Author’s Note: In July 1983, my brother Dave and I (a.k.a. Joe Juneau and Skookum Jim) headed off for a three-week trek into the vast frozen reaches of the Klondike. It was Dave’s first backpacking adventure – and probably his last. He was not big on tent camping in the freezing rain, or surviving on freeze-dried meals for weeks at a time – nor was I. But having recently graduated with a college degree in camping, I was eager to put my new knowledge into practice.
Departing Seattle at dawn, the ferry carried us north to Alaska through smooth, opaque water in the early morning calm. The Inside Passage weaves through coastal islands on the Pacific coast of North America, and was one of the sea routes carrying prospectors north during the Klondike Gold Rush of 1898.
Traveling deck fare – warmed at night under heated lamps – we sailed for four days past jagged snow peaks and glaciers flowing in awesome silence down to Spruce and Hemlock-covered ravines, streaming with cascades. A few fellow deck passengers snored easily as we approached Juneau, Alaska’s remote capital.
Camped by Auke Lake at the terminus of Mendenhal Glacier – calving huge chunks of ice into the lake – we broke out our rain gear as a few drops began to fall from an overcast sky and hitched into town for dinner at the Red Dog Saloon. Chatting with a local “fisherman by trade” in the drizzle of Juneau, we met fellow passengers Kate and Terra who saved us deck chairs the following day for our trip to the Tlinket Indian settlement at Sitka City on Baranof Island.
We saw Bald Eagles, Killer Whales, hiked historic trails by Native totem poles carved from massive Red Cedar trees, visited a Russian Orthodox church and climbed Castle Hill, high above the city where Russian Alaska was formally handed over to the United States in 1867.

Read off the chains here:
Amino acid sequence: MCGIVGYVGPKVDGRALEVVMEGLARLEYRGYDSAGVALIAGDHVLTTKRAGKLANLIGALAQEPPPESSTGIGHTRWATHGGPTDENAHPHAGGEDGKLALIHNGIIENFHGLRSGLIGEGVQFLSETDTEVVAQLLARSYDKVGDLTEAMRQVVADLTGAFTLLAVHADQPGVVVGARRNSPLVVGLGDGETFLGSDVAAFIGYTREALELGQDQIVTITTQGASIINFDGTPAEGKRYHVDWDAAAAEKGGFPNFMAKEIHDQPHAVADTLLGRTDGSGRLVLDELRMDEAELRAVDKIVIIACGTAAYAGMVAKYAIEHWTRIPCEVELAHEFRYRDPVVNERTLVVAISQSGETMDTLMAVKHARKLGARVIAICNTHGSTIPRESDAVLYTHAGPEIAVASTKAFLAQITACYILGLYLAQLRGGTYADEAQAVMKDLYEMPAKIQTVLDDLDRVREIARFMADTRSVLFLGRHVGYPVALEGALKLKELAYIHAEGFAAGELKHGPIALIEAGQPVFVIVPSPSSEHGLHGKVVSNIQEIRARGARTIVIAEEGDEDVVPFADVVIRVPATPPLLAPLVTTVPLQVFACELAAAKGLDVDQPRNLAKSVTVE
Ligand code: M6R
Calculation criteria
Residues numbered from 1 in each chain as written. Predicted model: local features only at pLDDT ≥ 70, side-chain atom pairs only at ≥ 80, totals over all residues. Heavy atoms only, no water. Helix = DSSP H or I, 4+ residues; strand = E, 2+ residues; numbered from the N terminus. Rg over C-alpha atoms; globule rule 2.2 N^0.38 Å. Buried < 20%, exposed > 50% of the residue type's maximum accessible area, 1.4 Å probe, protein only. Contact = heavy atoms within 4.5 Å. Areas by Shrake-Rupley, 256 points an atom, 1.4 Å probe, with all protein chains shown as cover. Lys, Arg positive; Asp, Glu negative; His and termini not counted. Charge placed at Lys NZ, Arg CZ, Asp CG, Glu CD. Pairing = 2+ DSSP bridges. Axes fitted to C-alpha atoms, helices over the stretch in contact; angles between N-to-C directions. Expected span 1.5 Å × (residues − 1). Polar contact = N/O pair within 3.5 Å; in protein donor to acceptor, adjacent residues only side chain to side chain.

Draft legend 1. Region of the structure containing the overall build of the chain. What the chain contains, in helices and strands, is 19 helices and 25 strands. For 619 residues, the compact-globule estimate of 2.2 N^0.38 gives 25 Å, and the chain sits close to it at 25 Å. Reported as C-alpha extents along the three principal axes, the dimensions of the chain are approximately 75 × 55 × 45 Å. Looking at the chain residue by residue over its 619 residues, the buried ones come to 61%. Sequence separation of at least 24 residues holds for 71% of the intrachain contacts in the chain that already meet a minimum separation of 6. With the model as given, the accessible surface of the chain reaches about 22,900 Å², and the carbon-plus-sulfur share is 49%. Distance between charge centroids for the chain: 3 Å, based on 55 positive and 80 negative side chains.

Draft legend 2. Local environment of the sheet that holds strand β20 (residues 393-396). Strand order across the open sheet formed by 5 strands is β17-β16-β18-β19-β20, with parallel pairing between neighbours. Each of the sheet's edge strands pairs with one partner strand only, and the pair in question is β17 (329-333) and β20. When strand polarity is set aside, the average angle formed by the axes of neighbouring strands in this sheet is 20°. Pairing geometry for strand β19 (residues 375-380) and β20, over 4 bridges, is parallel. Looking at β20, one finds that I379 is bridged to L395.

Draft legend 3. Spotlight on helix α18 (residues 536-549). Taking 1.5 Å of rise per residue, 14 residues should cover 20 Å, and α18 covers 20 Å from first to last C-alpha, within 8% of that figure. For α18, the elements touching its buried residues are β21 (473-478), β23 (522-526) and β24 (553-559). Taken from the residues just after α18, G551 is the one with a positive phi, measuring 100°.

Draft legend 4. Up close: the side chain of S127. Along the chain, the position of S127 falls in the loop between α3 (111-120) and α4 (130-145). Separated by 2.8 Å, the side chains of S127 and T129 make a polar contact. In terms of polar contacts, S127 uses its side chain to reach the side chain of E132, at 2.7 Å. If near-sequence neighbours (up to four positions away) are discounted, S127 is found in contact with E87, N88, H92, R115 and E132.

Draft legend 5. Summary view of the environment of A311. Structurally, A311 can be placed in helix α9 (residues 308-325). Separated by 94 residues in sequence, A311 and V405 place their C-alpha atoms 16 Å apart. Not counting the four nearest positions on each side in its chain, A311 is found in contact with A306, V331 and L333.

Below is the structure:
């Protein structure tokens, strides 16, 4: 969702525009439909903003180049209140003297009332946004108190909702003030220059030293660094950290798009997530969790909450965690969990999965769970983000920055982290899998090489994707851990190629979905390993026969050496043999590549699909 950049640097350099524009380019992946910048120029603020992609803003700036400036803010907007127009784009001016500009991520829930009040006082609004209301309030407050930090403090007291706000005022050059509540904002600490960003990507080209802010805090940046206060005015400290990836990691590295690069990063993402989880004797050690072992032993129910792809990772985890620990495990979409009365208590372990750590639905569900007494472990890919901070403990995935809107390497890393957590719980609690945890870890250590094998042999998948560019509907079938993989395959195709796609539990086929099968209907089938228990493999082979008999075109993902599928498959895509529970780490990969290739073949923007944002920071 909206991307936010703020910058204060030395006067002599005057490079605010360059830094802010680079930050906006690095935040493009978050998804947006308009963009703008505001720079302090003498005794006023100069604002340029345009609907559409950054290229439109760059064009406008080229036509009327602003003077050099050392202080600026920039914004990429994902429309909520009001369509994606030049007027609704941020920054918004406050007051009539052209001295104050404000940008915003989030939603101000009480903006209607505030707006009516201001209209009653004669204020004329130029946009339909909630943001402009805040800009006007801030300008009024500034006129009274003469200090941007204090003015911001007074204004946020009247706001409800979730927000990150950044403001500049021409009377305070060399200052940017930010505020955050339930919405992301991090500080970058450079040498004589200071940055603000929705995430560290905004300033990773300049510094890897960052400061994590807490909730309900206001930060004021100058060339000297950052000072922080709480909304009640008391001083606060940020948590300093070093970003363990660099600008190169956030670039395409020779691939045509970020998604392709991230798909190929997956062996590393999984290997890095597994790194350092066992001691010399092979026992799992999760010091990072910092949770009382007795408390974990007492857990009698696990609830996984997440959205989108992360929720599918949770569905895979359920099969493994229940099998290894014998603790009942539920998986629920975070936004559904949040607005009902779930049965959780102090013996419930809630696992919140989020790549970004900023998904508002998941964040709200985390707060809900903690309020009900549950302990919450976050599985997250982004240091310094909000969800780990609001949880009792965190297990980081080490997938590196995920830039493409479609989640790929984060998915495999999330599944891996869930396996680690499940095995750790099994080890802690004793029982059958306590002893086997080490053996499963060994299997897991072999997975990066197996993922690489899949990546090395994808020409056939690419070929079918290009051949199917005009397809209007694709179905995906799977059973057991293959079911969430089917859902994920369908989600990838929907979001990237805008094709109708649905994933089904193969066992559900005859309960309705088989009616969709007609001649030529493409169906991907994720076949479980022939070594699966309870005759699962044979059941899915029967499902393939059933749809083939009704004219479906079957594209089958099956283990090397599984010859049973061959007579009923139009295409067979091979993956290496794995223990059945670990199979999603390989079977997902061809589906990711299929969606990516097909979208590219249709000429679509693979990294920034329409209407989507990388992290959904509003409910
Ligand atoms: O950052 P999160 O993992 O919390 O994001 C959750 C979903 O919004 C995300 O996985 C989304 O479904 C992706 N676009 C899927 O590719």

Sailing on to Skagway at the northern turn of the Alaskan panhandle, we hiked through lush, moss-carpeted coastal rain forest bursting with life – eager to live it to the fullest during the short summer season.
We climbed from sea level up into the snow and ice and finally over the steep 3,500 foot Chilkoot Pass, made famous during the 1898 Gold Rush. Information boards along the trail told the story of that epic journey undertaken by so many hopeful prospectors, including historic photos of the huge loads of supplies and equipment – even horses – being transported over the pass.
In winter, Gold Rush stampeders struggled through blizzards, freezing temperatures and avalanches, transporting thousands of pounds up 1500 steps of the “golden staircase” cut in snow and ice. Indeed, many items never made it, including neatly piled caches of long wooden slats wrapped in canvas we passed along the way, that were to be assembled into boats to float down the Yukon River to the gold fields.
Descending into British Colombia, Canada, we entered yet another world of snowy boulder-strewn tundra and moraine. Glaciers flowed in every direction from towering mountains feeding the clearest, coldest cascades of snow melt.
Camped by pristine lakes, twittering loons laughed from across the water. Happy Camp, as it was aptly named, was the first camp established by prospectors as a welcome reward and rest stop after summiting the steep and perilous 26 mile pass, which shoots up a additional 1000 feet in the final half mile. Happy Camp was also reportedly the first camp where prostitutes were available. Although those services were no longer in evidence when we arrived, we did meet two friendly Canadian lasses camped there who joined us for the rest of the journey.
We also met a nice couple in Whitehorse, the capital and only city in Yukon Territory, whose 28,000 people comprise the majority of Yukon’s population. They graciously lent us their canoe and then picked us up downstream a few days later.
So off we went, paddling down the mighty Yukon River – through wide open, empty wilderness – 10,000 square miles of Yukon Territory to every resident. North-country breezes bracing and invigorating, and not a soul in sight.
On the Alaska-Canadian Highway, we hitched to the park entrance and registered the color of our packs at the ranger station for identification in case we did not emerge on time. We were given instructions to be on the lookout for Grizzlies, particularly when hiking through patches of Sedge Grass that the bears like to eat (we soon noticed that stuff was everywhere!) and set out on foot into the uncharted wilderness of Yukon’s Kluane National Park.
Stay tuned for Part Two, coming soon!